Town aims to spur economic growth

Published 6:00 am Wednesday, February 17, 2021

The Farmville Town Council approved a memorandum of understanding with the Virginia Growth Alliance (VGA) during its Wednesday, Feb. 10 meeting that will allow the town to continue an agreement with Retail Strategies – the group that recently helped bring Starbucks, Hardee’s and Little Caesars to Farmville within the past three years.

The agreement is necessary after Prince Edward County decided to discontinue its relationship with the VGA which has the contract to work with Retail Strategies. Beth Moore, the Virginia portfolio director for Retail Strategies, presented the Town Council with an overview of the company’s strategy and how they could aid Farmville in continuing to bring retail growth to the area during the board’s Wednesday, Feb. 3, work session.

Mayor David Whitus had a list of prospects for Moore to go after.

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“I’ve already circled on my list of prospects businesses we want next,” Whitus said during the worksession. “Publix is at the top of the list. We hear more about a grocery store than anything else. A Krispy Kreme doughnuts, an Olive Garden. We can keep going down our dream wish list.”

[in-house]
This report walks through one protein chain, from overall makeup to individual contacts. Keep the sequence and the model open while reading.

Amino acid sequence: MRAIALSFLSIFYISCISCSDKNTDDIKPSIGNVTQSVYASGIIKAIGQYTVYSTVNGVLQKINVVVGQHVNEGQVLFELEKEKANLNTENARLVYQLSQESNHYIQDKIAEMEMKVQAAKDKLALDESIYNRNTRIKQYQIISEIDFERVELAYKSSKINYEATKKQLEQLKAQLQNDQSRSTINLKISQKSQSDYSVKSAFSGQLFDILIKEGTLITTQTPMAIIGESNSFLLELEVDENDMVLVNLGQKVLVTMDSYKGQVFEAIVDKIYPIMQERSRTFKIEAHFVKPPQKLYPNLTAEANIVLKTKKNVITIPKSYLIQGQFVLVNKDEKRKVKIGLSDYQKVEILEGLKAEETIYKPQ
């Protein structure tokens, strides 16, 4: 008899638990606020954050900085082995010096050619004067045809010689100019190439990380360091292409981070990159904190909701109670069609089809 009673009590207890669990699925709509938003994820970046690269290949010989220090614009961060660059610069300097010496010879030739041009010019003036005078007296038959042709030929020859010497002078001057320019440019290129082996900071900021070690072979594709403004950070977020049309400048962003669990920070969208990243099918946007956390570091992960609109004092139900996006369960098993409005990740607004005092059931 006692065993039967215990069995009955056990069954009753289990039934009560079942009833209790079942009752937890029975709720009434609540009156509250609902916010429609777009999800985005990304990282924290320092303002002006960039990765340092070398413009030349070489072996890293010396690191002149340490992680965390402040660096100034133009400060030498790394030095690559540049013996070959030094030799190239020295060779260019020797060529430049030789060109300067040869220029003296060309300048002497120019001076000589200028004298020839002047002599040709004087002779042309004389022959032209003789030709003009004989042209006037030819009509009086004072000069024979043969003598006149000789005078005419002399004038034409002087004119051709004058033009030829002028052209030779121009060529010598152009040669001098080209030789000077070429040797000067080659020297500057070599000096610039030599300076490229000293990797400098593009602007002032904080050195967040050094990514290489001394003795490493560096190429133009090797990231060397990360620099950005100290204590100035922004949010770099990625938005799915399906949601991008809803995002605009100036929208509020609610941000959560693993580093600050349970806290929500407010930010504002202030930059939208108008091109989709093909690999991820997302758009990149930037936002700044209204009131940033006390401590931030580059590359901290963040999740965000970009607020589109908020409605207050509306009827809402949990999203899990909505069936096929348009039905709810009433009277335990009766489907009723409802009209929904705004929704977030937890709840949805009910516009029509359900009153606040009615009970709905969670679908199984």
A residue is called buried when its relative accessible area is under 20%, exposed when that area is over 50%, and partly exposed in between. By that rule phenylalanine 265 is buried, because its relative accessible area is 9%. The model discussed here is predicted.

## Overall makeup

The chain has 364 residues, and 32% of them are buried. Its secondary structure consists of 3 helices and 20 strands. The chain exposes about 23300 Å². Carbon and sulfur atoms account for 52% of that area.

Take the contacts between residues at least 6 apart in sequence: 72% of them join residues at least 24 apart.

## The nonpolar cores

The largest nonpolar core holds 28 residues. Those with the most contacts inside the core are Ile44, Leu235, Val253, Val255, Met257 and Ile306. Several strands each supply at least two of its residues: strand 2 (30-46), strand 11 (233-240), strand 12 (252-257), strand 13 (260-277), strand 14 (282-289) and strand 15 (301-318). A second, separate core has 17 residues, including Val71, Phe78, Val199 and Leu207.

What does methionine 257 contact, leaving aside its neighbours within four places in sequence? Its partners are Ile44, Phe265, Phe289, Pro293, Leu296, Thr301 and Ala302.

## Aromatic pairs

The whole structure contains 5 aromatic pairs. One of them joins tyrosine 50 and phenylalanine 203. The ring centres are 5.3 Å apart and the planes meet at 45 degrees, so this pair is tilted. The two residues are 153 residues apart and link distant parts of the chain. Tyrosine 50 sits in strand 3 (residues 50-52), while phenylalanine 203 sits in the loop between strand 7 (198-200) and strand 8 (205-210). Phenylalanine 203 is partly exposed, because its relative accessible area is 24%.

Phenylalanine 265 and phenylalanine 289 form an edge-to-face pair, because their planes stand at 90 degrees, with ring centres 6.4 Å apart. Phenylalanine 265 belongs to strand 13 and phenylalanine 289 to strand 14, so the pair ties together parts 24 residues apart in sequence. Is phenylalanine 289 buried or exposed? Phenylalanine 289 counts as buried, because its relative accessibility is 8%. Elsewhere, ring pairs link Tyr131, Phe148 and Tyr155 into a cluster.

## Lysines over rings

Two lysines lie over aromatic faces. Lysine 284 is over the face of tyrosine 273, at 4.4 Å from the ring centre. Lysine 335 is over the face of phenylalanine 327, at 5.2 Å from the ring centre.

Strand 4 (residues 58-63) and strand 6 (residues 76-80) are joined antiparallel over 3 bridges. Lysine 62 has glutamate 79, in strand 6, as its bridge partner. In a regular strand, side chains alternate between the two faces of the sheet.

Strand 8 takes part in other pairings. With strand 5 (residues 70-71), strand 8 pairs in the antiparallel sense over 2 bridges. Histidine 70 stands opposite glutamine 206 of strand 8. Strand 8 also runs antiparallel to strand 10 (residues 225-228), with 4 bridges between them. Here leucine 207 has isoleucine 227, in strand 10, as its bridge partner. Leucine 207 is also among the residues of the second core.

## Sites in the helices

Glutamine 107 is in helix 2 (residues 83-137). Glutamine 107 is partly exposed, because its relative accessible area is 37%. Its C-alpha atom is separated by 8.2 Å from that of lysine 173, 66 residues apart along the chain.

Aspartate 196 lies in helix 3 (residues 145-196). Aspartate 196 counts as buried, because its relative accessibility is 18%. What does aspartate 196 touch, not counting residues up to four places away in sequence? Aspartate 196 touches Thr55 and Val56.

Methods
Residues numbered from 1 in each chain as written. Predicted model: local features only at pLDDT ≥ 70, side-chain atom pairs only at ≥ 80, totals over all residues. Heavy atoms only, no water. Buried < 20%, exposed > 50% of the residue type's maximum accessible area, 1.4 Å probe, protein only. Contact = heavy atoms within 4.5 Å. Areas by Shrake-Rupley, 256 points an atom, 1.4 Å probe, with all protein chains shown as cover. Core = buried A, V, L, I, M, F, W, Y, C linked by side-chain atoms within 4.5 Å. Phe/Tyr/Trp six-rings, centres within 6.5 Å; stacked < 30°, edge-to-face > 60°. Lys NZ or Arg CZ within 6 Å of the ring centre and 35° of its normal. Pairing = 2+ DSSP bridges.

Moore said the relationship works best when the company and town works together to solve community needs.

“We do have a lot of things in the hopper and a lot of other interest beyond what I have mentioned,” Moore said at the end of her presentation. “Farmville is a wonderful, beautiful community that we really don’t want to lose traction on.”

Moore said it generally takes an average of 18 to 36 months to cement a deal on a new business coming to the area.

The cost to the town for the company’s services is $10,000 for the first year of the three-year contract and $13,333.33 for the final two years of the deal. Town Manager Dr. Scott Davis said the cost of the contract is worth it considering the meals taxes brought in by the businesses the company brings to the town.

“There are some businesses that the (Retail Strategies) payment for the year could be made with two months of meals tax,” Davis said.

Whitus said having a relationship with a company like Retail Strategies is the way attracting business to communities is done today.

“We can’t go out and knock on doors,” Whitus said. “It’s all pretty much done through operations like this. They have somebody helping them to identify properties and put deals together.”